Latest California Healthline Stories
The Republicans’ health care plan, which would generally reduce premium subsidies and limit federal funding for Medicaid, has many Californians wondering what will happen to their coverage. We spoke with some of them.
The prospect of cutbacks has led to agitation and activism in California’s largely agricultural Central Valley, with relatively high poverty rates and a significant number of Trump voters.
“It’s challenging to see how it would not … jeopardize the entire [Medicaid] program,” a top health official said.
Many constituents could lose coverage under the AHCA. Half of California’s Republican-led districts voted against Donald Trump.
Advocates for the elderly worry that GOP plans to end Medicaid’s open-ended spending and replace it with per-capita limits could pose a risk for low-income older people who rely on the federal-state program for nursing and other long-term care.
Lesser-known provisions in the Republican proposal to replace the Affordable Care Act would push some Medicaid enrollees out of coverage and cause financial pain for others.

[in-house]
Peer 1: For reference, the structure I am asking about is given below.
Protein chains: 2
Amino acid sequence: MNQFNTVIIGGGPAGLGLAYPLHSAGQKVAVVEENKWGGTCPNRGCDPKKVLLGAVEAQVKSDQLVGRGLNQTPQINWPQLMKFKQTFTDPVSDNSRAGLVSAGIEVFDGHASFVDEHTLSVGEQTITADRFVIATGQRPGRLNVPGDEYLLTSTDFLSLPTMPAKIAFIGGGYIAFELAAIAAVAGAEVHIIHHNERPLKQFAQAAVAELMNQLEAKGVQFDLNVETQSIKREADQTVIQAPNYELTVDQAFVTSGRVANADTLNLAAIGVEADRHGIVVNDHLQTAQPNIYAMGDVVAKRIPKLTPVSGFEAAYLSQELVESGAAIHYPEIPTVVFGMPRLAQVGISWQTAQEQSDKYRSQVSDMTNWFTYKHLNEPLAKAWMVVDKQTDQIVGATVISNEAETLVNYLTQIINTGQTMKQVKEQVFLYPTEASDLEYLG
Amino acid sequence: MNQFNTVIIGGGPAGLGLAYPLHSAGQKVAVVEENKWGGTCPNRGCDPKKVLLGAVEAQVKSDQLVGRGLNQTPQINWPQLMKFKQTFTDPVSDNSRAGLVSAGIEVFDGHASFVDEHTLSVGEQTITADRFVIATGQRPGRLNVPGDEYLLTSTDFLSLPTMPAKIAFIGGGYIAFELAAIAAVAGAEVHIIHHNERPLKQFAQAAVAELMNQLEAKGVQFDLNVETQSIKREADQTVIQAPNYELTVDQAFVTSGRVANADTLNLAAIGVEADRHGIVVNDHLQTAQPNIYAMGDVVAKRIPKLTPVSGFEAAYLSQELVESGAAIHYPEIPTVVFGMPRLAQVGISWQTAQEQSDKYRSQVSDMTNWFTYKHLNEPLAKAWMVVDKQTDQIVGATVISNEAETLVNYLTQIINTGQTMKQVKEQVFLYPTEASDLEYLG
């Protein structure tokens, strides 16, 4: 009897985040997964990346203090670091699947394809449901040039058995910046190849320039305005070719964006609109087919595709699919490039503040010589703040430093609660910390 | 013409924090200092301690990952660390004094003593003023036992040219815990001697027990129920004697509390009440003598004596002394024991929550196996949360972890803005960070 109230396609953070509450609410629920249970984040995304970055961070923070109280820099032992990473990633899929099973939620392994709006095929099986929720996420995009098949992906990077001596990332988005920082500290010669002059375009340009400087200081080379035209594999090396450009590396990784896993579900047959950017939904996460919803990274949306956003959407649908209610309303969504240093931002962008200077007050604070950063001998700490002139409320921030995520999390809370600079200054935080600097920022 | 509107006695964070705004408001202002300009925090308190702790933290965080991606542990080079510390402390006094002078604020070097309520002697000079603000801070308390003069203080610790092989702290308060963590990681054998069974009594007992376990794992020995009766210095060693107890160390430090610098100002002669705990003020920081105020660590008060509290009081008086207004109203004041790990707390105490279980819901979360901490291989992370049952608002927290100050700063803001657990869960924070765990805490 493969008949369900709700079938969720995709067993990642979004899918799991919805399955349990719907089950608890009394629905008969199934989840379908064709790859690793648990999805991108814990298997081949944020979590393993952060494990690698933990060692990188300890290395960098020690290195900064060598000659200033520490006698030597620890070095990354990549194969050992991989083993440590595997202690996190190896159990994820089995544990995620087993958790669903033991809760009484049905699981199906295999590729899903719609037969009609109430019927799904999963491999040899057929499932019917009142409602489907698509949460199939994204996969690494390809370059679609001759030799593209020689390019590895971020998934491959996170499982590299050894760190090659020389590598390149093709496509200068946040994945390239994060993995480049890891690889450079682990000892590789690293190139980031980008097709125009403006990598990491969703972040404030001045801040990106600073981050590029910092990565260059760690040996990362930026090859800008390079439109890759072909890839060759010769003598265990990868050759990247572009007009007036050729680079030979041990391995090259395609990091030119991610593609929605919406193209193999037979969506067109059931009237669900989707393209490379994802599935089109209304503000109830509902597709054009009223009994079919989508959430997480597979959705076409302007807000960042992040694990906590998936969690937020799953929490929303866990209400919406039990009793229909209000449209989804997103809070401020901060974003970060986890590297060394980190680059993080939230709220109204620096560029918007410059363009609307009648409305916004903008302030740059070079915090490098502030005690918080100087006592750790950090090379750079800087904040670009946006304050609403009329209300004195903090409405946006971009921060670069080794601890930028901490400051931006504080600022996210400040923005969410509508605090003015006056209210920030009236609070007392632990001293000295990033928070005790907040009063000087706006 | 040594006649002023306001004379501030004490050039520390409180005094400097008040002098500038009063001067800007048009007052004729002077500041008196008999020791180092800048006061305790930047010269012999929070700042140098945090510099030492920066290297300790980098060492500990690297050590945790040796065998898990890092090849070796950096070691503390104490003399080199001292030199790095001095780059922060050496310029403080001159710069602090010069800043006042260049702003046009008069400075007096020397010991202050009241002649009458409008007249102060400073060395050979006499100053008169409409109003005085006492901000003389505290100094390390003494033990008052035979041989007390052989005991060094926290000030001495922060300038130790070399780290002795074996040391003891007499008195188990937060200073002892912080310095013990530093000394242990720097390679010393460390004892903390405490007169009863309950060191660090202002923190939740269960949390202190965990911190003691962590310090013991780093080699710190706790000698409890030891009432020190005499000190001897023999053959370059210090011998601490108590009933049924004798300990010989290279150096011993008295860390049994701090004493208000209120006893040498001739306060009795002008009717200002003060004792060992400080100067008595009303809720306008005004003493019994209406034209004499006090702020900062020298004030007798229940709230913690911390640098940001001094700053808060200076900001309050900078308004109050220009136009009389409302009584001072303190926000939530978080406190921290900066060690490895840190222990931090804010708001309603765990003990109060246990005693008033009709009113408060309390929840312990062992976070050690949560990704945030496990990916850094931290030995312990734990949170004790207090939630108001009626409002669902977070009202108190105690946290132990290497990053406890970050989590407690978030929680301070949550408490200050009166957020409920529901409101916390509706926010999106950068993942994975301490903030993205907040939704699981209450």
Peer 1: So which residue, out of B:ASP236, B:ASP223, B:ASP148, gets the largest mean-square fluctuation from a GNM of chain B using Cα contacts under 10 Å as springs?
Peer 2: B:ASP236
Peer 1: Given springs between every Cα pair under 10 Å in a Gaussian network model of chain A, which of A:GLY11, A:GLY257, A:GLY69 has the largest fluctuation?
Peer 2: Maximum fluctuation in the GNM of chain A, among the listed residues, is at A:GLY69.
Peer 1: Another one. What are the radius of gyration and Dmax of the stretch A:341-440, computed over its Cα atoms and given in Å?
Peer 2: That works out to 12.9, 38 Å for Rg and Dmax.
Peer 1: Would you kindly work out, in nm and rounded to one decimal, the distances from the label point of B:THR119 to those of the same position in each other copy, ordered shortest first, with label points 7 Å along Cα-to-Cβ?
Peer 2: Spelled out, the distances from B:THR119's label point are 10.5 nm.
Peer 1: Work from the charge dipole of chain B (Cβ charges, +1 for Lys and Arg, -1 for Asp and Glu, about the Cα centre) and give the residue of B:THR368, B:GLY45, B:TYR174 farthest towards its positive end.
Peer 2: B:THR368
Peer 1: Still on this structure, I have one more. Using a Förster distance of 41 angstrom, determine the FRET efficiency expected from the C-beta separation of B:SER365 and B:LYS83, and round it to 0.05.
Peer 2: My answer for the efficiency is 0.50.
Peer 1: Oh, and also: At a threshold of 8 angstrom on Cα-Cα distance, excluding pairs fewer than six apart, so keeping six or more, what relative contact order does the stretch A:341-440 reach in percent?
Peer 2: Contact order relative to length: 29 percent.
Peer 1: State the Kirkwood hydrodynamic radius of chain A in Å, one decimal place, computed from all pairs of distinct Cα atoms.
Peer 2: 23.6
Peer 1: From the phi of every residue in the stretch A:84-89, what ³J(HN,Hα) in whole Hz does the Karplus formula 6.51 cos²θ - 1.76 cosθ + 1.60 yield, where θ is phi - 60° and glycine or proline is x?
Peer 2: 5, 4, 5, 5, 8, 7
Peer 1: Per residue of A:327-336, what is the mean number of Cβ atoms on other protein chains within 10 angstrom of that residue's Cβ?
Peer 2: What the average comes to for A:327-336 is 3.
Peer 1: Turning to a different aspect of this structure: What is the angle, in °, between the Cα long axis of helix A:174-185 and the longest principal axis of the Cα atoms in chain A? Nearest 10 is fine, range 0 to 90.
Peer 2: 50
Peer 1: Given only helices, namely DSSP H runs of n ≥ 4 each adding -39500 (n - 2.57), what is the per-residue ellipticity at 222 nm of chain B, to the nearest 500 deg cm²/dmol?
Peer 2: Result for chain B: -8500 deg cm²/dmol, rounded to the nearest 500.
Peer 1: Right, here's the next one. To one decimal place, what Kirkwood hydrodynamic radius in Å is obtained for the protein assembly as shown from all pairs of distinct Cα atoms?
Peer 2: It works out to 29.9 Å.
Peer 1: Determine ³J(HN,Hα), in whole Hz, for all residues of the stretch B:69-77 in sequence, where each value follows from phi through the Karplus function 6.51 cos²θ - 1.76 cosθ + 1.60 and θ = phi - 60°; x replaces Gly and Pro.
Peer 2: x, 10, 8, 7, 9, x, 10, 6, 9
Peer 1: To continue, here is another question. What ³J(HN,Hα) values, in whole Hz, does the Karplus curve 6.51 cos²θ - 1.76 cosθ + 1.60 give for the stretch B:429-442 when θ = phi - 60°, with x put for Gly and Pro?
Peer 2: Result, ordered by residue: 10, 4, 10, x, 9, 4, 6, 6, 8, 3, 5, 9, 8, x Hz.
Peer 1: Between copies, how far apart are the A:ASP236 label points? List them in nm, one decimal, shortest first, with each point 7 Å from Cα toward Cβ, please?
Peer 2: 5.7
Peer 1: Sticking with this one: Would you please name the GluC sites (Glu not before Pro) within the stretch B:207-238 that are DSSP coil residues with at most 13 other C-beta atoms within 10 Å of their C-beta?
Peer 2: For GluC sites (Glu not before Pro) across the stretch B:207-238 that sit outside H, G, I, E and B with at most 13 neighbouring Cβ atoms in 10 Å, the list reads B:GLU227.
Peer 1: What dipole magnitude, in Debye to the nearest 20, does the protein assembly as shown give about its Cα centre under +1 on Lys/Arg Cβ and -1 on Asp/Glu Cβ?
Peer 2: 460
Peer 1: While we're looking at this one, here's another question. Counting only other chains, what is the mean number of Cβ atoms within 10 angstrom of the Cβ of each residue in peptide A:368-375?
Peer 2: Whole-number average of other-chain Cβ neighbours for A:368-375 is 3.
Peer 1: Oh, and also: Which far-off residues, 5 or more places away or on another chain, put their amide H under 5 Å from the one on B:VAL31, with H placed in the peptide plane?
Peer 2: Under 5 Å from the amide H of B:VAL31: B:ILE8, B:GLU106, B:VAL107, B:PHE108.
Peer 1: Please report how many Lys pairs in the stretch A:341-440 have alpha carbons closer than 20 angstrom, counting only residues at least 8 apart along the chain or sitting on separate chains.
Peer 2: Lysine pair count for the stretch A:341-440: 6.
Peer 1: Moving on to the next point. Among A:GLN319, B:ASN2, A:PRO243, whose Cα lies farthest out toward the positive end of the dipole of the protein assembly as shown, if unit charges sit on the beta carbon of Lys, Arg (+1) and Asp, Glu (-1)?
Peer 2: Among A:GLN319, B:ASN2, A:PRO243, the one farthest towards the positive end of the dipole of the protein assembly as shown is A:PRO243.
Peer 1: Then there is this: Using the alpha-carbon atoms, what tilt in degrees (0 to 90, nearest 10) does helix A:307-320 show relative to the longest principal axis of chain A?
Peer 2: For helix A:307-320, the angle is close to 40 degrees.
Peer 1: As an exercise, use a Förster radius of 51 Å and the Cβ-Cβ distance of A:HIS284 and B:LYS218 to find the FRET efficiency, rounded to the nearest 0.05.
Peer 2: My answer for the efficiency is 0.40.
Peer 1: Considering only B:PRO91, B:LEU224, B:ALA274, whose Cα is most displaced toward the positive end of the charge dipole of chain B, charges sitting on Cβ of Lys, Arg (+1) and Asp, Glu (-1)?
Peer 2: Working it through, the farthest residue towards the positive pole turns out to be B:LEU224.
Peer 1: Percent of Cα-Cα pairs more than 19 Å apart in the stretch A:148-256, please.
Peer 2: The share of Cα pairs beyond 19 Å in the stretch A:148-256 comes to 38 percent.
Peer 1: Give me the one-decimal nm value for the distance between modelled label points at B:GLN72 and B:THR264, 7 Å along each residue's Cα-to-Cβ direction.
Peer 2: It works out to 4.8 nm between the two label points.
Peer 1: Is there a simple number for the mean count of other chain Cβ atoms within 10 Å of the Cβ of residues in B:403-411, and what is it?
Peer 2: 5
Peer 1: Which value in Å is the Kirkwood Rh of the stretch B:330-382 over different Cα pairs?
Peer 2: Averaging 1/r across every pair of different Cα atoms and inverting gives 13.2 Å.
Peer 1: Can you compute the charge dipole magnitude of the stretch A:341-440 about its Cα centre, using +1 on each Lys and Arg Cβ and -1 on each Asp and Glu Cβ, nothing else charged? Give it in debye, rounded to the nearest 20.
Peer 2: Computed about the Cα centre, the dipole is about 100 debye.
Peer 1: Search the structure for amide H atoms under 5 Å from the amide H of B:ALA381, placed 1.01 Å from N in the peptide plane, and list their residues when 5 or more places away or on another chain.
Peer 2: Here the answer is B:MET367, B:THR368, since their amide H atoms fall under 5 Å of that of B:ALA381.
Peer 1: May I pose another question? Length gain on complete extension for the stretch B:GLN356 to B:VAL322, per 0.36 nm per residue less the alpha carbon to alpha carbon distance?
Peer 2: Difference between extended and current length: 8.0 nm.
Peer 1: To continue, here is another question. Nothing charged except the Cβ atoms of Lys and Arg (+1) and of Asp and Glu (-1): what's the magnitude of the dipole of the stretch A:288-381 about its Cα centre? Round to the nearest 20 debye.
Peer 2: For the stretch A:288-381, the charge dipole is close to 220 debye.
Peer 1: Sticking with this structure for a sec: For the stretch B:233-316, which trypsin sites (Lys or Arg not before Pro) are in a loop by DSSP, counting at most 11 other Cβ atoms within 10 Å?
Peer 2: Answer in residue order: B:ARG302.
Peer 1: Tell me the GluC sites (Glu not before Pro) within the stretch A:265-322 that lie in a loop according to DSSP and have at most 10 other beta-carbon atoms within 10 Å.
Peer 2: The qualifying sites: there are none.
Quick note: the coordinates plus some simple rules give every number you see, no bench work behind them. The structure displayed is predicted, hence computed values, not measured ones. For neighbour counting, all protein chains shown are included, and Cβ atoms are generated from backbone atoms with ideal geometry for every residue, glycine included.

California’s health insurance exchange released an analysis showing that Republicans’ plan to trim subsidies, on average, by 40% would fall hard on elderly and very low-income people, especially in expensive areas like San Francisco.
The Congressional Budget Office says the bill, if enacted, would save the federal government billions of dollars but leave millions more people without coverage. Those changes would hit the biggest state hardest.
Under the current statute, kids are tested for lead only if they’re on certain government programs or live in older buildings. That leaves many other California children at risk, lawmaker says.
Chad Terhune discusses the issue with Southern California Public Radio’s A Martínez, host of “Take Two.”